Introducing Yourself in a Class
Games provide a fun and effective way for new students to get to know one another at the beginning of the school year, on the first day of school, or in any back to school activity. The games can range in complexity from simply learning each student's name to learning detailed facts about each person in lesson plans. This also helps the teacher get to know each of her students while letting the kids have some fun in the classroom with classroom activities and classic games. These classroom games can also be done in small groups of students or in a whole class to allow students to have direct interaction with each other. These activities should be done in the front of the room or in front of the class so that everyone can feel involved and included in the fun activities.
By utilizing a fun game, classroom interactions and introductions can have a bigger impact in student communications early in the school year in a fun way. These activities can also allow the learners to get to know you as a teacher or helper in charge. These interactive introductory activities and icebreaker games can be used in a range of classroom settings, from preschool to middle school or high school. These activities also encourage team bonding and team building aspects as students can work together or alone to create the correct answers. There are many apps that can be used for these activities as well, some including learning vocabulary words as well as introductions for a class. When thinking of which introduction activities to include, think which activity would you rather have for your own introduction.
What are Games for Introducing Yourself in Class?
1. Name Chain
This simple game helps students remember each others' names while also improving their information retention skills. Grab a small ball and sit in a circle with the students. Say your name and pass the ball to your left to the first student. Have that student repeat your name and recite theirs to the rest of the class. When they pass it, the next student or next person involved recites the two previous names and their own before passing. When the list starts to get long, encourage the students to help each other remember forgotten names. After the ball makes it back around to you, mix it up by tossing or rolling it to a random student. After they repeat your name and their own, they pass it to another random student to continue the activity.
2. Introduction Hot Potato
Arrange the students in a circle and grab a small ball. This game works well in conjunction with the "Name Chain" game. Explain that whoever has the ball gets to ask a question and toss the ball to a classmate, who answers the question about themselves. For example, if you start with the ball you could ask "What is your favorite movie?" and toss the ball to whomever you want to answer. After answering, the second student asks a question and throws the ball to another classmate.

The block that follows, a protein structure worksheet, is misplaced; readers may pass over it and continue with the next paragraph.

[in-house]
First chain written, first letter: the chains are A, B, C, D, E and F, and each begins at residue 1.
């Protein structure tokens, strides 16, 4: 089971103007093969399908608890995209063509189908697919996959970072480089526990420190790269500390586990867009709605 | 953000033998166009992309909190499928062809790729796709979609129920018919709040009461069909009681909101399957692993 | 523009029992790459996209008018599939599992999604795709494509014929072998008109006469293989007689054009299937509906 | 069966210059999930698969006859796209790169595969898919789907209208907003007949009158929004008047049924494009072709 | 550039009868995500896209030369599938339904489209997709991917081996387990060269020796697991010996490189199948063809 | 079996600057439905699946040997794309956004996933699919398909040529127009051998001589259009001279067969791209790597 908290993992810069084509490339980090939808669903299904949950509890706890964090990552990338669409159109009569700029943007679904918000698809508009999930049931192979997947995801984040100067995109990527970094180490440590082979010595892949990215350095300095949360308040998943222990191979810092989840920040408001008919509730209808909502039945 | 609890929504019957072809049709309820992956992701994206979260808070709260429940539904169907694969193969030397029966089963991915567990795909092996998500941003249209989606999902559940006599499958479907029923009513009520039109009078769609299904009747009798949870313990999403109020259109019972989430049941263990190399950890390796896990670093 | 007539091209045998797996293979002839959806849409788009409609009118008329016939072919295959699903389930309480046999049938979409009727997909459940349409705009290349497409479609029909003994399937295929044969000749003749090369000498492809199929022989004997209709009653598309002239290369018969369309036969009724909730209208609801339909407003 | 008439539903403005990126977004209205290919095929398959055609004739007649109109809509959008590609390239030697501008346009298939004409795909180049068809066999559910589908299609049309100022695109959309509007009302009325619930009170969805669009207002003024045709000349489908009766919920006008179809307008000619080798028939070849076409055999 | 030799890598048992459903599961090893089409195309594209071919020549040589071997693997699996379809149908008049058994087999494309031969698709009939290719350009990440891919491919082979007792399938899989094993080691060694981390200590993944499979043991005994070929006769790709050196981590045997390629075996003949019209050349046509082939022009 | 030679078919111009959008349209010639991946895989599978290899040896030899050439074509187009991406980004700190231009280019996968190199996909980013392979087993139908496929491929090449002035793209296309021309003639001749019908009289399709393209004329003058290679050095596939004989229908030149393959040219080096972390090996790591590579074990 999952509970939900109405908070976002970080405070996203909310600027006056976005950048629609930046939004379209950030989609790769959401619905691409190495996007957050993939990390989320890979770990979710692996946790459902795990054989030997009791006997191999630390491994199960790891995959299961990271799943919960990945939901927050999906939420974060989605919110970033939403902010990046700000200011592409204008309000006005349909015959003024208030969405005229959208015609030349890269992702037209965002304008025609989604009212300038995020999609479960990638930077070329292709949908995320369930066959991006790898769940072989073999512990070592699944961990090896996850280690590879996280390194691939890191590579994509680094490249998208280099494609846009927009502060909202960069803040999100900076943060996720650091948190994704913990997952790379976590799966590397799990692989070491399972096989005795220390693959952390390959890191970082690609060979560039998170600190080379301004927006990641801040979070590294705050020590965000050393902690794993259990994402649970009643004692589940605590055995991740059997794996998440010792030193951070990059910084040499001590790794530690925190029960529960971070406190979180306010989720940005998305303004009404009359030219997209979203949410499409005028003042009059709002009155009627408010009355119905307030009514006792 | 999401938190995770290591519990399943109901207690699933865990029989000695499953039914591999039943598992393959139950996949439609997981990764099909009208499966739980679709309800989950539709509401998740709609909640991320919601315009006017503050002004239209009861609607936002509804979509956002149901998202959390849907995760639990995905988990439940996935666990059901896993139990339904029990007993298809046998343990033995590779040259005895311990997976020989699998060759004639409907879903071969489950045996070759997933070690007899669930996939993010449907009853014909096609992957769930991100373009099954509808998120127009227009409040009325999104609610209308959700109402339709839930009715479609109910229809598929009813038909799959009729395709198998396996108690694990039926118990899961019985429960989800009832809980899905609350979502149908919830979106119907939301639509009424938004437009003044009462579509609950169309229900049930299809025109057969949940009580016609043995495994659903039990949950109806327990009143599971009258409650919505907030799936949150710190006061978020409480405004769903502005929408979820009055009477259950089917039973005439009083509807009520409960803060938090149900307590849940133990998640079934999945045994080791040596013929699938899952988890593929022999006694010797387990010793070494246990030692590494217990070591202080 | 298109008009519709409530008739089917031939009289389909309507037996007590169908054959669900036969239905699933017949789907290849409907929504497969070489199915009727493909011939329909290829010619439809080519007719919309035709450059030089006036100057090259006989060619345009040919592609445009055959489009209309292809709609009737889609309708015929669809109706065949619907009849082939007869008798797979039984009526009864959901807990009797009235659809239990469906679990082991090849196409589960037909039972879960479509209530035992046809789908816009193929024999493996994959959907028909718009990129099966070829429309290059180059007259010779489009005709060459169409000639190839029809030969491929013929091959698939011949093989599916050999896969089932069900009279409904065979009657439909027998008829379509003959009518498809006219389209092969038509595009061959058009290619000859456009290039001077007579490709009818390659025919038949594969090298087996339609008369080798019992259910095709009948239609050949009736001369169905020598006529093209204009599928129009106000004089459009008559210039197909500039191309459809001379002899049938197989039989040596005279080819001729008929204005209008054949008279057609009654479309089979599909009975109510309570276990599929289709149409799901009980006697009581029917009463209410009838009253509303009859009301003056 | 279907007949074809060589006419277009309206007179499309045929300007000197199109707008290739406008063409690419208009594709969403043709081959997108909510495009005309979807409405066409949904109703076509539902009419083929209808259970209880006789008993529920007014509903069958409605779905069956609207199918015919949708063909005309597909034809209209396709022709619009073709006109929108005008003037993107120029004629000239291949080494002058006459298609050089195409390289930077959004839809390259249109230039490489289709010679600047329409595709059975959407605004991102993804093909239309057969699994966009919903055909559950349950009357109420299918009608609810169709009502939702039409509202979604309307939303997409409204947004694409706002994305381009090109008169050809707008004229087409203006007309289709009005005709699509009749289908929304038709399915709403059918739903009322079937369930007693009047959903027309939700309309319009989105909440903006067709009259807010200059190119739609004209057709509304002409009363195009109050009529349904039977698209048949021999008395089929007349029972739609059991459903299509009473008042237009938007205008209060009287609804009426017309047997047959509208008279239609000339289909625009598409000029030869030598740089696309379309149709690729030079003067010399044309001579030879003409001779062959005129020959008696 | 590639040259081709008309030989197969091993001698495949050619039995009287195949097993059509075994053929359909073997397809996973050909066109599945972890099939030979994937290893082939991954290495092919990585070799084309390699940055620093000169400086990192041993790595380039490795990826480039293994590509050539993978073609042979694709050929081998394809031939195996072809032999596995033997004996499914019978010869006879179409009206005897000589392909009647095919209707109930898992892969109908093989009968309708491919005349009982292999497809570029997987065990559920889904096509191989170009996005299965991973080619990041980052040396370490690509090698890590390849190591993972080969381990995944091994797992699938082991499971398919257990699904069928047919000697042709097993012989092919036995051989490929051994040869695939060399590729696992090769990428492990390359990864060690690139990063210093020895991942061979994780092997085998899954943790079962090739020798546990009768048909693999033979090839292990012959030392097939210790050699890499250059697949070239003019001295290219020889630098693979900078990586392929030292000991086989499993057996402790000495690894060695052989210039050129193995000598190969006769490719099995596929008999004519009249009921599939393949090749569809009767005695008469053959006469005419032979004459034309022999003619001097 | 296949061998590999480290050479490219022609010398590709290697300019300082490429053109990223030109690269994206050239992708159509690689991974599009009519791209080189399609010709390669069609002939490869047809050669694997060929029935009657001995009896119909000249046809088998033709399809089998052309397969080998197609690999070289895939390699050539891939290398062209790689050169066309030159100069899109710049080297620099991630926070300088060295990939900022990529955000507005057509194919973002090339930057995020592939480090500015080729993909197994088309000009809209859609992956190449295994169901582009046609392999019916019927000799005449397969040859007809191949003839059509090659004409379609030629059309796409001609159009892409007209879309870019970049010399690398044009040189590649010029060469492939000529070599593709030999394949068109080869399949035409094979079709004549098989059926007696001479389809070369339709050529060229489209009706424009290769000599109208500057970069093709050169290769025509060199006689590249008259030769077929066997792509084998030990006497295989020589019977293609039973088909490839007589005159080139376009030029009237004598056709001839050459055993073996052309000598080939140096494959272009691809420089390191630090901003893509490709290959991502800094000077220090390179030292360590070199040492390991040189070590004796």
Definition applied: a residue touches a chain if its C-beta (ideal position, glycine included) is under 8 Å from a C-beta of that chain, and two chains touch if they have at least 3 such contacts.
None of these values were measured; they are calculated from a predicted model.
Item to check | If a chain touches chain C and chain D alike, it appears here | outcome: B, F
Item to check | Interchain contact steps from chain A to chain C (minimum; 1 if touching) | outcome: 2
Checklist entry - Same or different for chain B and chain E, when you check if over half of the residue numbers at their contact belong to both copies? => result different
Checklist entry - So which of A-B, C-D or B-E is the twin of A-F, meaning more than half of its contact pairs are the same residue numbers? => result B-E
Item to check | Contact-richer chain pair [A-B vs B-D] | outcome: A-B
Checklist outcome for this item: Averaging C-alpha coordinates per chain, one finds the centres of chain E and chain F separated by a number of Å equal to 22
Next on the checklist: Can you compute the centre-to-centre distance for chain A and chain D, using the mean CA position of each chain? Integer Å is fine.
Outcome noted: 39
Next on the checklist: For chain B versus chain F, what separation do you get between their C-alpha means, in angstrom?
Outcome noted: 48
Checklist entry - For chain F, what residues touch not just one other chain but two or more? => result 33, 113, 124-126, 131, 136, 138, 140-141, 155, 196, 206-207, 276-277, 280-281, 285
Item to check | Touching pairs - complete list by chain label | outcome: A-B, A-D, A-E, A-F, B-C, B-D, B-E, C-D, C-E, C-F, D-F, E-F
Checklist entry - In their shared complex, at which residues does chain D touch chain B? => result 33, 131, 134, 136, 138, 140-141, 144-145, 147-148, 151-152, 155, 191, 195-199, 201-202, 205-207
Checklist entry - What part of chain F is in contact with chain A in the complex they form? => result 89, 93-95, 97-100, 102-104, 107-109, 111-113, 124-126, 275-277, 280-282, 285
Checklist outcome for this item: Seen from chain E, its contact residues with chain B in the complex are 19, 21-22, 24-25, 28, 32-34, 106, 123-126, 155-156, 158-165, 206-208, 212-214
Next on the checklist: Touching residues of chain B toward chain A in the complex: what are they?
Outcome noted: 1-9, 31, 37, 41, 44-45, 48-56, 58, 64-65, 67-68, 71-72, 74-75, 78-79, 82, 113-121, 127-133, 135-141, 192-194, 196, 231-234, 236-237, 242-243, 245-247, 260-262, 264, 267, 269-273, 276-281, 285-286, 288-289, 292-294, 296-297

Create a 5-by-5 grid template, like those used to play Bingo. This grid can be on a whiteboard, smartboard or other larger format for easy viewing. Get one unique fact about each student to populate each square, while labeling the middle square as "Free." The Introduction Hot Potato game works well for collecting these facts and lets you tie both games together; otherwise, have each student fill out a brief questionnaire on a piece of paper or worksheet to garner the facts. Pass a game board out to each student and have them interact with classmates to try figuring out who matches each descriptor. When a student finds the person described in a box, they’ll have that student sign their name in that box. The first person to fill a row or column correctly wins the game.
4. Guess Who
After the students get to know each other a bit through the previous games, this one lets them freely interact with one another, stand up and have fun through a guessing game. Write each student's name on a name tag and attach the name tags to the students' backs, but give each student the wrong name tag. Pair the students randomly and have them each read the others' name tag. Each student gets to ask three yes or no questions to try figuring out whose name tag he has on his back. If they don't guess correctly after three tries, they switch partners and try again. Once they correctly guess whose name tag they have, each student returns the name tag to the right person. When a student correctly guesses whose name tag they have, they may go around and offer hints to those still guessing.
5. Two Truths and a Lie
Students can also incorporate some fun into their introductions in class by utilizing the Two Truths and a Lie game as an icebreaker activity. This game allows students to share something interesting or unique about themselves to their classmates and also be creative by coming up with a lie to tell as well. The student will come up with their own truths and lies to tell to the other classmates, and they will tell all of the students in the class at once for everyone to take a guess collectively. The student should tell the 2 truths and 1 lie in the same way, allowing for the deception of the statements all being true to be performed for the other students. The other students in the class will then give their guesses into which of the 3 statements was a lie.
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